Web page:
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JOURNAL ARTICLE

Acute mechanical bowel obstruction: clinical presentation, etiology, management and outcome

Haridimos Markogiannakis, Evangelos Messaris, Dimitrios Dardamanis, Nikolaos Pararas, Dimitrios Tzertzemelis, Panagiotis Giannopoulos, Andreas Larentzakis, Emmanuel Lagoudianakis, Andreas Manouras, Ioannis Bramis
World Journal of Gastroenterology: WJG 2007 January 21, 13 (3): 432-7
17230614

AIM: To identify and analyze the clinical presentation, management and outcome of patients with acute mechanical bowel obstruction along with the etiology of obstruction and the incidence and causes of bowel ischemia, necrosis, and perforation.

METHODS: This is a prospective observational study of all adult patients admitted with acute mechanical bowel obstruction between 2001 and 2002.

RESULTS: Of the 150 consecutive patients included in the study, 114 (76%) presented with small bowel and 36 (24%) with large bowel obstruction. Absence of passage of flatus (90%) and/or feces (80.6%) and abdominal distension (65.3%) were the most common symptoms and physical finding, respectively. Adhesions (64.8%), incarcerated hernias (14.8%), and large bowel cancer (13.4%) were the most frequent causes of obstruction. Eighty-eight patients (58.7%) were treated conservatively and 62 (41.3%) were operated (29 on the first day). Bowel ischemia was found in 21 cases (14%), necrosis in 14 (9.3%), and perforation in 8 (5.3%). Hernias, large bowel cancer, and adhesions were the most frequent causes of bowel ischemia (57.2%, 19.1%, 14.3%), necrosis (42.8%, 21.4%, 21.4%), and perforation (50%, 25%, 25%). A significantly higher risk of strangulation was noticed in incarcerated hernias than all the other obstruction causes.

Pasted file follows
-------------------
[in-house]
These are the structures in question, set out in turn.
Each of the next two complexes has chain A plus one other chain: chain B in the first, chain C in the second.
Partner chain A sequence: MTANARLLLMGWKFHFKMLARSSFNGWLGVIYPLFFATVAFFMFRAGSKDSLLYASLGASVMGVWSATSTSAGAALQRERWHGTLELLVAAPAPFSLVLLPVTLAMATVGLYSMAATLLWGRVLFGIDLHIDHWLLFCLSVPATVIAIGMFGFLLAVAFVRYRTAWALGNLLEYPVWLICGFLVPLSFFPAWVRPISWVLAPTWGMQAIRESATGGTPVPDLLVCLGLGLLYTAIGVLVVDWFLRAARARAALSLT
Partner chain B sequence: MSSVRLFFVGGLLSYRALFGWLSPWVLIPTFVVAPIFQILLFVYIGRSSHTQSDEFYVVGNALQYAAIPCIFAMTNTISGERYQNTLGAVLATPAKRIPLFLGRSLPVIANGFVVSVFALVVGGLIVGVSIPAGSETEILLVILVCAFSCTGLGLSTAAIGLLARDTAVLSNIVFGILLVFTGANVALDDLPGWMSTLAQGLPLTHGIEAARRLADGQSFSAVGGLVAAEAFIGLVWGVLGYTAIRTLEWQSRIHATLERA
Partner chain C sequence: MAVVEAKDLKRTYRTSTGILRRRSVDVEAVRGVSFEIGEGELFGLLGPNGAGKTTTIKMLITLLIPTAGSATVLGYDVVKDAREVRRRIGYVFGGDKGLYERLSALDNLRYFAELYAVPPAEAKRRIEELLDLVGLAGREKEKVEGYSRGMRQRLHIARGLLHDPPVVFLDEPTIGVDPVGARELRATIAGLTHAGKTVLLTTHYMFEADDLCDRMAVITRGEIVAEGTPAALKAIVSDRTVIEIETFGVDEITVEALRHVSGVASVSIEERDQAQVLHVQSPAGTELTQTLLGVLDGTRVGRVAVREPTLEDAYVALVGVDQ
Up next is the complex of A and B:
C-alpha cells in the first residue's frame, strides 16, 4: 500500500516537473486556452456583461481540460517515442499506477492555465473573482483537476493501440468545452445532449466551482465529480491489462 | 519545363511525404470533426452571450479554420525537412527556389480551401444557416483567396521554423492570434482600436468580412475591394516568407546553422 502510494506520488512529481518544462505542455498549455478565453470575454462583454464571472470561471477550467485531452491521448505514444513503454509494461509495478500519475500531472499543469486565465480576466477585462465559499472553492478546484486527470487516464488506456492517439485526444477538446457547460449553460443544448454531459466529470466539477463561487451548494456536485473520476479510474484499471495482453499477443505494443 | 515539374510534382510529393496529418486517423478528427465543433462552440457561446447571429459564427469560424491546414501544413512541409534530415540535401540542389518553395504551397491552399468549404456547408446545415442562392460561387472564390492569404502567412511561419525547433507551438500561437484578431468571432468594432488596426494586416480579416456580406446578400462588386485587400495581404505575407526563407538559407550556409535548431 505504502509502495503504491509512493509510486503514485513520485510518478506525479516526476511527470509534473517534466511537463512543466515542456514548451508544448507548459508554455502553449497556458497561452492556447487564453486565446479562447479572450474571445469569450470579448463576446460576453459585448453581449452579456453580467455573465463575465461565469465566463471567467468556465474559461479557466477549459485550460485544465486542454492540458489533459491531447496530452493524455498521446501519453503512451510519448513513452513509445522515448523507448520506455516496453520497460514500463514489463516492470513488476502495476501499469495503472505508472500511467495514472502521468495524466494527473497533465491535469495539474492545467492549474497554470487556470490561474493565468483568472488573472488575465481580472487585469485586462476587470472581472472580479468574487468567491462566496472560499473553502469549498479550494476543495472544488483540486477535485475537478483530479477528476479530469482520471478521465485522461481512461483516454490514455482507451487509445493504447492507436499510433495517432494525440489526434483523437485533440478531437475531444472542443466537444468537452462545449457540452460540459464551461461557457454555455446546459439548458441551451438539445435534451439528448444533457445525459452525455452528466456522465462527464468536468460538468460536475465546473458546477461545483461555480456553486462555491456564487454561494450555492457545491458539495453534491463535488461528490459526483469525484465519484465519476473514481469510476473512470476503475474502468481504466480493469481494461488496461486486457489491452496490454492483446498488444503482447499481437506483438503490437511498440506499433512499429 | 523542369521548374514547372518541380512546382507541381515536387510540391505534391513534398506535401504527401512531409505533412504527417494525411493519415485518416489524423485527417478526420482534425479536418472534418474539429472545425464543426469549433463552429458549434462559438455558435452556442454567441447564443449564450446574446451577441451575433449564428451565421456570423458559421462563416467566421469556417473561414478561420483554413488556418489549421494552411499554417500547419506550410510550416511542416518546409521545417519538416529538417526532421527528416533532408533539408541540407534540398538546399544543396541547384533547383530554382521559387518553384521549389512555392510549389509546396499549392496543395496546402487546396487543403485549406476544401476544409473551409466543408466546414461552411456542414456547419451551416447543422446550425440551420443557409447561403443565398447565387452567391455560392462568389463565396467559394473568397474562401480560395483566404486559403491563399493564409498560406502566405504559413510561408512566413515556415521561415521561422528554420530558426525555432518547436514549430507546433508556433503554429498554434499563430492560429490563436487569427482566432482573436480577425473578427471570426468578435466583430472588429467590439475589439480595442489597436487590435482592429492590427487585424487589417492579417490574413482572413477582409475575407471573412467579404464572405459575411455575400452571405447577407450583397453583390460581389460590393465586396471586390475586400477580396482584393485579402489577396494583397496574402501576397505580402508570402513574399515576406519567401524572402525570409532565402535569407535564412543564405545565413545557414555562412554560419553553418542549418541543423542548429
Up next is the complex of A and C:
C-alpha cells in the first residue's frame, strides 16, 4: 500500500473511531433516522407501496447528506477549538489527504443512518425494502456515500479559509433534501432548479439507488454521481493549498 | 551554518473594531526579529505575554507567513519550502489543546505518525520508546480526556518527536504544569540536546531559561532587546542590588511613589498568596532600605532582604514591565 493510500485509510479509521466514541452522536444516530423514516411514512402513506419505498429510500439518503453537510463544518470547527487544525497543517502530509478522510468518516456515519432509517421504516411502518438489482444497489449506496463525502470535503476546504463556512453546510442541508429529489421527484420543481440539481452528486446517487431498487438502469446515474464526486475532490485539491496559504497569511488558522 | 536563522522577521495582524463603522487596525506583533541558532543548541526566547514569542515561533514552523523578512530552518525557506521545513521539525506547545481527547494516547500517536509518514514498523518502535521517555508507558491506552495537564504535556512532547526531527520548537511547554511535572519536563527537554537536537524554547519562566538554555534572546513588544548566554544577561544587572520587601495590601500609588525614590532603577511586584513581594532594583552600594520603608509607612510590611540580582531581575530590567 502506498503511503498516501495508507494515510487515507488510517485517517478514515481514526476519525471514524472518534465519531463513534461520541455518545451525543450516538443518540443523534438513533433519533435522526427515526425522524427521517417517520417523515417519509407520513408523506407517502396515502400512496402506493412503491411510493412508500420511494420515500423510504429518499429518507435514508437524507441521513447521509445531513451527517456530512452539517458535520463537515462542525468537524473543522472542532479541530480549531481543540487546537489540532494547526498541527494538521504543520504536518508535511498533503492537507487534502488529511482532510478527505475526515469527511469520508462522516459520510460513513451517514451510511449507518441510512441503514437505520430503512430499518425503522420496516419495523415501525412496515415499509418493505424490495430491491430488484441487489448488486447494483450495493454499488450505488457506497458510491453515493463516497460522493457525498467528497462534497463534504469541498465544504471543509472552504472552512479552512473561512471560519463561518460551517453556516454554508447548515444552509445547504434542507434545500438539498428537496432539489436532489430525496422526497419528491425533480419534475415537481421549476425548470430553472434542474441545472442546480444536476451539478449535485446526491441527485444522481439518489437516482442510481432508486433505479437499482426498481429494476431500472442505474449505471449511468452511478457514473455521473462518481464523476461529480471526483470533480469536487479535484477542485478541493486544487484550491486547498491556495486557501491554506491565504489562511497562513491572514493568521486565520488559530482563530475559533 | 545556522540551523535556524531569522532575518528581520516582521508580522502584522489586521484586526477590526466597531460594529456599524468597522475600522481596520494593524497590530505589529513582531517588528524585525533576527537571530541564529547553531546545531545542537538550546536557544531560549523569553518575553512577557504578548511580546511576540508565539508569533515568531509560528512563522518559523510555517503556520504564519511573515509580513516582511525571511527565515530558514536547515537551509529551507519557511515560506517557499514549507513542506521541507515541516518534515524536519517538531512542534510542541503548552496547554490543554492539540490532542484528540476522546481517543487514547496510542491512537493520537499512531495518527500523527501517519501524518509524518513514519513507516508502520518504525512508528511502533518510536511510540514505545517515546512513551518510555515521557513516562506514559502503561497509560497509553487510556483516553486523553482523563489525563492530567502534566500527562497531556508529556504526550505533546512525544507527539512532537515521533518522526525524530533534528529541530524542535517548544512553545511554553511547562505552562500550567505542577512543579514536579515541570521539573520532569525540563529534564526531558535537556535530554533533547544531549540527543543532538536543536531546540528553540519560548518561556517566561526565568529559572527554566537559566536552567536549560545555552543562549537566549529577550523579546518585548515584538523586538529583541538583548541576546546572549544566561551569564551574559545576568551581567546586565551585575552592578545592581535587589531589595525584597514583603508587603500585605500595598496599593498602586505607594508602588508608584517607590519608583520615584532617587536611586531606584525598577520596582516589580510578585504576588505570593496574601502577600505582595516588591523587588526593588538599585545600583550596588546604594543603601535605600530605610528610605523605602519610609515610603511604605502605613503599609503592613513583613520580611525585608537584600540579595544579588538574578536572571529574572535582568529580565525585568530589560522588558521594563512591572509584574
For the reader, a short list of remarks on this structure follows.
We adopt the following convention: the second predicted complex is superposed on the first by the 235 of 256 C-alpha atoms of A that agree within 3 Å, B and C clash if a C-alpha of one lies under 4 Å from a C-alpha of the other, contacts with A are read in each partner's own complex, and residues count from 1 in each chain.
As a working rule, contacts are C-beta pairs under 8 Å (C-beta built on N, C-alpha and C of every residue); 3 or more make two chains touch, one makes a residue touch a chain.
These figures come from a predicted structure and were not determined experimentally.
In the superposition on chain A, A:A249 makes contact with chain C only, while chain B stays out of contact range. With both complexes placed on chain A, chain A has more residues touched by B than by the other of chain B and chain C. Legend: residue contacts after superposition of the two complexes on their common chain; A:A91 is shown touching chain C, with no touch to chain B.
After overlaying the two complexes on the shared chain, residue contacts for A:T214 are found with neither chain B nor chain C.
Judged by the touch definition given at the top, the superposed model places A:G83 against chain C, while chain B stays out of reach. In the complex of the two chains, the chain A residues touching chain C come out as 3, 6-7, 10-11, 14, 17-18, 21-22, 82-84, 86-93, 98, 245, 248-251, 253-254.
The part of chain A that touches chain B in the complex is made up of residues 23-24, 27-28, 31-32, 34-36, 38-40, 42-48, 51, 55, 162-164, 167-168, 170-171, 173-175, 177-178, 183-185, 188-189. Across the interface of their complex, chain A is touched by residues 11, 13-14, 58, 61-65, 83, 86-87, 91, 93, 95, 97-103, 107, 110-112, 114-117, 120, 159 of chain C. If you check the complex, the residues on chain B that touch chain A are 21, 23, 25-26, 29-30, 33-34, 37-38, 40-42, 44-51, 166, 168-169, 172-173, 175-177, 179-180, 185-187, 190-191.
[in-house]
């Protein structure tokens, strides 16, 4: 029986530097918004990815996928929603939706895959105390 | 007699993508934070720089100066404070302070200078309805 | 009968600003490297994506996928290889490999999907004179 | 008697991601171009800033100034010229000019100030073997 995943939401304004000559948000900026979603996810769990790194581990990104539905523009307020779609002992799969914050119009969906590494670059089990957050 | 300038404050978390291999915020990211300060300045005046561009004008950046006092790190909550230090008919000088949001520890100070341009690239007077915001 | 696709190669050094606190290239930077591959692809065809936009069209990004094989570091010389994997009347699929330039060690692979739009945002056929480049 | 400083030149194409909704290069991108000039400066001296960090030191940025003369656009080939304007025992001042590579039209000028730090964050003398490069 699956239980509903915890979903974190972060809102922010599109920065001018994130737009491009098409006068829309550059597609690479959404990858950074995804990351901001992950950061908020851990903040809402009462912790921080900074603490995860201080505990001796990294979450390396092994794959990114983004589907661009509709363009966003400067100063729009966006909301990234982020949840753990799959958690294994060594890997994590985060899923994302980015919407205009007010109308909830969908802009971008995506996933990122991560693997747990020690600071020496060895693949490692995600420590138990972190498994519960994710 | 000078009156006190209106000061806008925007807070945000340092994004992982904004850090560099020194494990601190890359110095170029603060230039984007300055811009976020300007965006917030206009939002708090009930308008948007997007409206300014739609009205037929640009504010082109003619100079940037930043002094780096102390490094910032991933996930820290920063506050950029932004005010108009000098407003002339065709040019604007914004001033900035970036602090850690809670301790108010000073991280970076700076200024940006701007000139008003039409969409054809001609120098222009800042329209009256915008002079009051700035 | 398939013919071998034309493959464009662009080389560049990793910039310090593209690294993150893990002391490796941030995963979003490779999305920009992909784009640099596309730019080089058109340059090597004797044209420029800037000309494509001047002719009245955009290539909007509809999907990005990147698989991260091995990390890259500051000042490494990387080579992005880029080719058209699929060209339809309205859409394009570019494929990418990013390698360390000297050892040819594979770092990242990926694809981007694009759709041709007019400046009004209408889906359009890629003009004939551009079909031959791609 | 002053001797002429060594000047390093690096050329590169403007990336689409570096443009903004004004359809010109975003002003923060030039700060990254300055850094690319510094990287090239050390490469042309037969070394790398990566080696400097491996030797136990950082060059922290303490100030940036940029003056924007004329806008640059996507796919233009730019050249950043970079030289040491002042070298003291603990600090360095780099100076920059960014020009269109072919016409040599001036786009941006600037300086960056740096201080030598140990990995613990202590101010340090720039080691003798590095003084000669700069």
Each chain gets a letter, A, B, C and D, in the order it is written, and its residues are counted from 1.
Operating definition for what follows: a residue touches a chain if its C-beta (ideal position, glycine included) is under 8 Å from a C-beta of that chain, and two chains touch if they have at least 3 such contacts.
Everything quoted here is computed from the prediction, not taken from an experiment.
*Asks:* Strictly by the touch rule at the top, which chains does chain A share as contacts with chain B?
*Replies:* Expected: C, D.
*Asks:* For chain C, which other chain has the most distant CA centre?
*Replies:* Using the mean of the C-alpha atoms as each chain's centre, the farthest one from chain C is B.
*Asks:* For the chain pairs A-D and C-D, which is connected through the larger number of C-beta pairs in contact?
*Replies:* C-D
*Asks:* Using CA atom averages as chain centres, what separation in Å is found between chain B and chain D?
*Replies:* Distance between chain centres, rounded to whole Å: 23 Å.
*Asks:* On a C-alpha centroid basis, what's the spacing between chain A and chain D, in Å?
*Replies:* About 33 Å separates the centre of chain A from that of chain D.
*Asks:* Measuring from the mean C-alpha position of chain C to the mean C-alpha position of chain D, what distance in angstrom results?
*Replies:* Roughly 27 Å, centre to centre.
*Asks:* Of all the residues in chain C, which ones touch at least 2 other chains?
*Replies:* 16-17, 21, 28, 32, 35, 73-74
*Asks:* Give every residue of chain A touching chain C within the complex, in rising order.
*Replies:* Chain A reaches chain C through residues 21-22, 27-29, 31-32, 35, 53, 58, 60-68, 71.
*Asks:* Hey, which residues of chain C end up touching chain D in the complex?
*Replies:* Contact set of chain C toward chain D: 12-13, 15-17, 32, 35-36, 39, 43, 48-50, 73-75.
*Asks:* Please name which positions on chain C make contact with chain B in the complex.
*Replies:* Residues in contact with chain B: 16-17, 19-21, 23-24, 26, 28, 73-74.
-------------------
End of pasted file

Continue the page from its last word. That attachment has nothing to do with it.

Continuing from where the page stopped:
CONCLUSION: Absence of passage of flatus and/or feces and abdominal distension are the most common symptoms and physical finding of patients with acute mechanical bowel obstruction, respectively. Adhesions, hernias, and large bowel cancer are the most common causes of obstruction, as well as of bowel ischemia, necrosis, and perforation. Although an important proportion of these patients can be nonoperatively treated, a substantial portion requires immediate operation. Great caution should be taken for the treatment of these patients since the incidence of bowel ischemia, necrosis, and perforation is significantly high.

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